Things could turn around for the Democrats between now and November but it's hard to dispute the notion that this could be 1994 all over again.

18 comments:

Timothy said...

Congratulations on your polling in this race! What an upset this election is!

Anonymous said...

Good job, guys. You nailed the result- Brown by 5. I knew it was over when your poll came out on sunday night. Democrats will have to get independents back on the ship if they want to survive 2010 midterms.

Anonymous said...

Kudos -- you're really developing a good track record. Maybe you should tear off your partisan hat and become a fulltime non-partisan pollster. Rasmussen has gone down a notch by punting on making a final call.

Dave said...

Good job. I count Brown winning at least five CDs, including a 30 point win in 10. You may need to poll Mass House races.

mmb said...

Congrats on being an amazing polling firm, it's been a joy to follow your polls.

Jonathan said...

Your poll 51-46, actual result 52-47. I'll never doubt you again. (We'll just call NY-23 your one fluke. Never release incomplete surveys, eh?)

Steve said...

Another triumph for IVR, and for your analysis. The margin does seem close enough that a better candidate- one who showed independence, personality, spine-- could have won the election by winning over more of those people who voted for Obama but don't like the job he's been doing. Coakley gave Obama disapprovers absolutely zero reason to send her to DC, and some Obama approvers who voted in 2008 (especially low-income ones and non-English speakers) stayed home. On the other hand, these numbers suggest that even a competent Dem would lose an open-seat race anywhere except Massachusetts and maybe Rhode Island or Maryland. Can Dems do anything now, in your view, to prevent another 1994? Or (as seems likely) is it just the economy (worse now than it was then)?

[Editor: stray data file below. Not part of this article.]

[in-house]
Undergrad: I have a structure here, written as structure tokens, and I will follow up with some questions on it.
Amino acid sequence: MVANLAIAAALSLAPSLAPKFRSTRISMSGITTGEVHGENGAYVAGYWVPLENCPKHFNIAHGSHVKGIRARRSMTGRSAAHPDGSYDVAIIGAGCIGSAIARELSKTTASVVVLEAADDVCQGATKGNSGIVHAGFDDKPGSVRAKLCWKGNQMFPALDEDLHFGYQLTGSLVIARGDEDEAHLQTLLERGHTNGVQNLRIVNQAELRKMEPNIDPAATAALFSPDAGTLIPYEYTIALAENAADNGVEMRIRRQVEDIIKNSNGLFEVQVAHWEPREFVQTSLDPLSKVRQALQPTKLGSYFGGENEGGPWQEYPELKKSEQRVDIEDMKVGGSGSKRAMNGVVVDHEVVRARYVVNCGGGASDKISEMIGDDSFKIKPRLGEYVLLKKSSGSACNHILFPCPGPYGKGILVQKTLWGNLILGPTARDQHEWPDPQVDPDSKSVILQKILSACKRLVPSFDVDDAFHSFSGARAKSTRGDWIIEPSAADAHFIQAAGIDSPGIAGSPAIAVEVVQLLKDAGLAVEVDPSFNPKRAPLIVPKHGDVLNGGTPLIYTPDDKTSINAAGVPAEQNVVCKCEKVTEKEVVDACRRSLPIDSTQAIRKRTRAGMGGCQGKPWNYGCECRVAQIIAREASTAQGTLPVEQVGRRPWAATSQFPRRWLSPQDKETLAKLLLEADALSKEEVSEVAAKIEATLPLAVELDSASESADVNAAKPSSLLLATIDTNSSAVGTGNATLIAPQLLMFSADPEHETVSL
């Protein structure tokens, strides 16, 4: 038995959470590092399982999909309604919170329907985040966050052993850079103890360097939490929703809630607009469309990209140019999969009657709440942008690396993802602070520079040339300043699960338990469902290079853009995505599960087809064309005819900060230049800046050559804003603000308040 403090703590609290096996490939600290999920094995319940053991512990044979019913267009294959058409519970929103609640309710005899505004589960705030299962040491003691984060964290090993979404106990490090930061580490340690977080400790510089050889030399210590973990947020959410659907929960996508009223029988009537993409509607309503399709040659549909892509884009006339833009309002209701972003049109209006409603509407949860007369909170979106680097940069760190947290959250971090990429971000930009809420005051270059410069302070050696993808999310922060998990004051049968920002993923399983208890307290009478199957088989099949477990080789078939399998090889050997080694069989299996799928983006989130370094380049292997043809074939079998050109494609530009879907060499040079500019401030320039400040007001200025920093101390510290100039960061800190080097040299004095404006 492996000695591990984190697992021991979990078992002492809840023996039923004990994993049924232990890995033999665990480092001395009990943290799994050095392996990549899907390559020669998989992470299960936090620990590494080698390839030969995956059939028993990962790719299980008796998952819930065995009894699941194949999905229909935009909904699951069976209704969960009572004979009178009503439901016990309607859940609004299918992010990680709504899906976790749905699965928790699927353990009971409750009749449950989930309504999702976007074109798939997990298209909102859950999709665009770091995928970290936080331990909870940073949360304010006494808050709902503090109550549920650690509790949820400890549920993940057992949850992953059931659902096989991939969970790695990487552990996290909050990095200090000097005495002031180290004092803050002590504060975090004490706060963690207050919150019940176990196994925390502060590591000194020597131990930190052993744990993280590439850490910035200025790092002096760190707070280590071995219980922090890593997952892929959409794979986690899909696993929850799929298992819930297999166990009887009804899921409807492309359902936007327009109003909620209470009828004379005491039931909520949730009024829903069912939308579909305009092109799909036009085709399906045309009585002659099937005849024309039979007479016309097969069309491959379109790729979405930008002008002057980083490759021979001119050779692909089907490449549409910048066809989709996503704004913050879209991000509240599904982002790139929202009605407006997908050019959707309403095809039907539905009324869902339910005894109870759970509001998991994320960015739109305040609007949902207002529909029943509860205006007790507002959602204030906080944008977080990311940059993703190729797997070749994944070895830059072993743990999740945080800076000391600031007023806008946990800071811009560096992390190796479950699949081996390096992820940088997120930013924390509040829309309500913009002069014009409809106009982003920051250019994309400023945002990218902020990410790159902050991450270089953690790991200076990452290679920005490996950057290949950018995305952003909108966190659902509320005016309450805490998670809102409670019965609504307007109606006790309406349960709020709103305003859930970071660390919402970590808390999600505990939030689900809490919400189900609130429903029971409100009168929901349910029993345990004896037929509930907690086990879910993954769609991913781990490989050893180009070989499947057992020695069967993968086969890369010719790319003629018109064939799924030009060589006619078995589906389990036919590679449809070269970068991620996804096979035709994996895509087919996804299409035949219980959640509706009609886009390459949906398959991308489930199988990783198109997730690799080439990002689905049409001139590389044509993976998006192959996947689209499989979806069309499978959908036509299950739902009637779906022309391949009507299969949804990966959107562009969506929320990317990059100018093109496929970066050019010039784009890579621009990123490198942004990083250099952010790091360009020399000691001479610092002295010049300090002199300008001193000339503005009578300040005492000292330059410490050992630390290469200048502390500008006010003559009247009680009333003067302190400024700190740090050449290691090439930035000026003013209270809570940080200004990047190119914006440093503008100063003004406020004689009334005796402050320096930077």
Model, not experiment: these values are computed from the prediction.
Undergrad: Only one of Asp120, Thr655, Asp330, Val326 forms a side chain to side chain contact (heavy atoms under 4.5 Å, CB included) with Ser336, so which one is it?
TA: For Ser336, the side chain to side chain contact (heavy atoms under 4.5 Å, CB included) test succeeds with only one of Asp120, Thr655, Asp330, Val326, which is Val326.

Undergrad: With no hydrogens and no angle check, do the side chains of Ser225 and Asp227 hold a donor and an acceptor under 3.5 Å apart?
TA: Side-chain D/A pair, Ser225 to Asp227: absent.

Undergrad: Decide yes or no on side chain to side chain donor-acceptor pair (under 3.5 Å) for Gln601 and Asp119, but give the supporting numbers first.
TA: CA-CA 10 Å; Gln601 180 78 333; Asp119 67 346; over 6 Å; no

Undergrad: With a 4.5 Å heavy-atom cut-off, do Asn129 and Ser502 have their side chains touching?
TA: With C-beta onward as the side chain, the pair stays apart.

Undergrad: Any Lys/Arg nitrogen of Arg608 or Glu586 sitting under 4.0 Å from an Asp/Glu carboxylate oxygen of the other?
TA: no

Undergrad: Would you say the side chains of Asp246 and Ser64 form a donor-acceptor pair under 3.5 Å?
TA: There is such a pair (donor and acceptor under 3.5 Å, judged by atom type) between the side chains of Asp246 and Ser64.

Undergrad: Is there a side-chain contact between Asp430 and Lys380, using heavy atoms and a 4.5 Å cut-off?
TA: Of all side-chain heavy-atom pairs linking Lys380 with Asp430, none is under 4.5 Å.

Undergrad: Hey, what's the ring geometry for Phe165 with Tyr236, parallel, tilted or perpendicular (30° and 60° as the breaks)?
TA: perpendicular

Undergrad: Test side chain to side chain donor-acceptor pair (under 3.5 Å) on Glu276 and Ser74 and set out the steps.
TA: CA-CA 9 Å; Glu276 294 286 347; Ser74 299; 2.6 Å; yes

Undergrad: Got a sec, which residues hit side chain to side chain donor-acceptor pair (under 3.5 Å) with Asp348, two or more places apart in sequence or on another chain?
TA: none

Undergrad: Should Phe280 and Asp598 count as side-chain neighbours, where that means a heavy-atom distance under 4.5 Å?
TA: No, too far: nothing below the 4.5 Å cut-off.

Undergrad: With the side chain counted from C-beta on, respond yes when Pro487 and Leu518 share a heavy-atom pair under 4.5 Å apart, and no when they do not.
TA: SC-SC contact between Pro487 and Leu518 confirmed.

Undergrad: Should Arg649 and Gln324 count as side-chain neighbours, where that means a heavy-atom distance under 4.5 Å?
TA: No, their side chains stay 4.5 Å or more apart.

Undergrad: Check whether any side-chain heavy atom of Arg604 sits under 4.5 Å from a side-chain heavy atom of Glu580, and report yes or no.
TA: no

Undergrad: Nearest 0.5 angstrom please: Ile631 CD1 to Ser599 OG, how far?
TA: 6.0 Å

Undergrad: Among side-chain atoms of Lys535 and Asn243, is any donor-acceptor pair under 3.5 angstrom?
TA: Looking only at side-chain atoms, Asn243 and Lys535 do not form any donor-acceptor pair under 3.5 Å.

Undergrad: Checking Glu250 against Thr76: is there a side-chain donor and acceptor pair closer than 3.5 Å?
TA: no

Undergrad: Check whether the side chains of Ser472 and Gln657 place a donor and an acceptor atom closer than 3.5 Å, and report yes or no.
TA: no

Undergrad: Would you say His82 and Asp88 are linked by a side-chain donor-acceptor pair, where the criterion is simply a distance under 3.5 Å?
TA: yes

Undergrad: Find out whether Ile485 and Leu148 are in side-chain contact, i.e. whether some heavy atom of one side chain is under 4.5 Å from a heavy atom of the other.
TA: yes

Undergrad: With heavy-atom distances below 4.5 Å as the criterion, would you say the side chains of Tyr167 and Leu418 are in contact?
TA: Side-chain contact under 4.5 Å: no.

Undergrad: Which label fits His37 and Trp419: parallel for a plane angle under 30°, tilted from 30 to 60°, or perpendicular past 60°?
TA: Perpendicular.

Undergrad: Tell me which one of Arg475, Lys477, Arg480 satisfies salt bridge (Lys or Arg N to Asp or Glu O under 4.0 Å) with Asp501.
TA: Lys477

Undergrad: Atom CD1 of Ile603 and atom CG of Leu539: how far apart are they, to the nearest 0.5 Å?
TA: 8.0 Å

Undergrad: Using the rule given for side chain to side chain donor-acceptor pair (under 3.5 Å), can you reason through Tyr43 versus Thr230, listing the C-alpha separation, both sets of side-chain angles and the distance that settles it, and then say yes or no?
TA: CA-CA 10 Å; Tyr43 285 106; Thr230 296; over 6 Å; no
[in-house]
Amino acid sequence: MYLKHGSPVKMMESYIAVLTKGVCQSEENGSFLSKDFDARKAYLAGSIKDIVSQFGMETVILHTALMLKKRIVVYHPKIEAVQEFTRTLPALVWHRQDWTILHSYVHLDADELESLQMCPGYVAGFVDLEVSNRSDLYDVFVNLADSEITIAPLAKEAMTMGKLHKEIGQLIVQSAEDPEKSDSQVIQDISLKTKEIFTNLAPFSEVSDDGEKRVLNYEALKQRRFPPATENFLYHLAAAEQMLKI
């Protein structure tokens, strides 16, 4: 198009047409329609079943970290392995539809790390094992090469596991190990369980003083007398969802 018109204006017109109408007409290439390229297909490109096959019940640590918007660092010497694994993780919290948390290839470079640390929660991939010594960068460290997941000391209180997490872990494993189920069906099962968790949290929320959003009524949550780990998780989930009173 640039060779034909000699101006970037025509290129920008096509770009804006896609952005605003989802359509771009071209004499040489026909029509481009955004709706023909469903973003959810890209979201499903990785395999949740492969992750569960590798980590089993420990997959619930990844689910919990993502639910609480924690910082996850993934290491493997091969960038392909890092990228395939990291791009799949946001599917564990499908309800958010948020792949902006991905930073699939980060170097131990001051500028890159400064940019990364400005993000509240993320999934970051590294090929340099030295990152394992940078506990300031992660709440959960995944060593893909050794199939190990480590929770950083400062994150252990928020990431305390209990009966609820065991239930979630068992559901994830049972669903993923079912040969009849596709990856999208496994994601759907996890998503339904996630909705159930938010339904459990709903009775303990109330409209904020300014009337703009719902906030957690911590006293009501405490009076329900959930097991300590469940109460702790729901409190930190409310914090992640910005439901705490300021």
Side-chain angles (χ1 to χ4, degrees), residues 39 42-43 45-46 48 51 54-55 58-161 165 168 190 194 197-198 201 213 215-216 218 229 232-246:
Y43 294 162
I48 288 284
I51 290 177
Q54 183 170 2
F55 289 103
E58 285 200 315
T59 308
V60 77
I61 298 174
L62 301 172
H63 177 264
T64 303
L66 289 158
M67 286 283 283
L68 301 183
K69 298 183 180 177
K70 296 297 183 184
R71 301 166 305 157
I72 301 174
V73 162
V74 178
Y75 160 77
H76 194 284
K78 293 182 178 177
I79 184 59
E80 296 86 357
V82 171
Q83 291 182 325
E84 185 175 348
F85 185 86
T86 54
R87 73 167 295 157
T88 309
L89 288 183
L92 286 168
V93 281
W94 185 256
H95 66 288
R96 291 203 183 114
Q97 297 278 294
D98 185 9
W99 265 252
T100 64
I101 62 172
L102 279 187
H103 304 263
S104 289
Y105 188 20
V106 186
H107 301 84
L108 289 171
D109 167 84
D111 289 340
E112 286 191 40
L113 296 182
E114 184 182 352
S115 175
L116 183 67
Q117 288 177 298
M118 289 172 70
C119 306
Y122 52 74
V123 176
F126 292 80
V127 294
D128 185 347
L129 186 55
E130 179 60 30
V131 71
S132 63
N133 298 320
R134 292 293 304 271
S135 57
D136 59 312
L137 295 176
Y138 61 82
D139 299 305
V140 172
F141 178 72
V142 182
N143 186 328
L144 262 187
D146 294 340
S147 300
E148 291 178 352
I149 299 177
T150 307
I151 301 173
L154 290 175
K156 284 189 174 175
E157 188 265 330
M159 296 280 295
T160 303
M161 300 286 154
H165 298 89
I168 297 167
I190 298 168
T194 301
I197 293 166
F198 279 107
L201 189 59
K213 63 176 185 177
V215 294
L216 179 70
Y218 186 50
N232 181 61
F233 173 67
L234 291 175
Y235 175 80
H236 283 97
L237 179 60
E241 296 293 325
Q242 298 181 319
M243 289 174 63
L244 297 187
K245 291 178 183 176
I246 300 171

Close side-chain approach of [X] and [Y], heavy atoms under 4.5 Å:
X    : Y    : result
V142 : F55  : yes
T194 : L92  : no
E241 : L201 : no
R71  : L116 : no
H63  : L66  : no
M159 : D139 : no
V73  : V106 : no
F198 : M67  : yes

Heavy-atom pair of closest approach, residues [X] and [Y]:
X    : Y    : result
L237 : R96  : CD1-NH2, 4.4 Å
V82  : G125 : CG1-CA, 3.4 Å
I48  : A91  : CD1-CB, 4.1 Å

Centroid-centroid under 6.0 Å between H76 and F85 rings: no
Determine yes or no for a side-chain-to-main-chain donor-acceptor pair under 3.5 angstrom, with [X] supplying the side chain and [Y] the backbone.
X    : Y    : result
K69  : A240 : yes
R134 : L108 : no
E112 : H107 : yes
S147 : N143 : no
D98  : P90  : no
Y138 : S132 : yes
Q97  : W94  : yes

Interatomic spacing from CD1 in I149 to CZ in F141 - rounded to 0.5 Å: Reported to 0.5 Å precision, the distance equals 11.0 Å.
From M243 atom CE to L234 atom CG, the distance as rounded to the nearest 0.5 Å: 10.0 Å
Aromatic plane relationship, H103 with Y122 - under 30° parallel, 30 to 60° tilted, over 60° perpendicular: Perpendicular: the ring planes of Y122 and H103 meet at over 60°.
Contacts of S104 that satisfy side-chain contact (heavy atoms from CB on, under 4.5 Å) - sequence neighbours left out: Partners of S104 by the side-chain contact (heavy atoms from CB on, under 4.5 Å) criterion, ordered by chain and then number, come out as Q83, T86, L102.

Anonymous said...

You guys rock! I swore by your polls and trusted your work., and you nailed it perfectly Ras definitely went down a notch with their dithering.

- A GOP poll watcher impressed with your professionalism

Stephen C. Rose said...

Here's my takeaway. Scott Brown mainstream? Gloat away.

http://stephencrose.wordpress.com/2010/01/19/reconciliation-may-well-happen-after-all/

Eve said...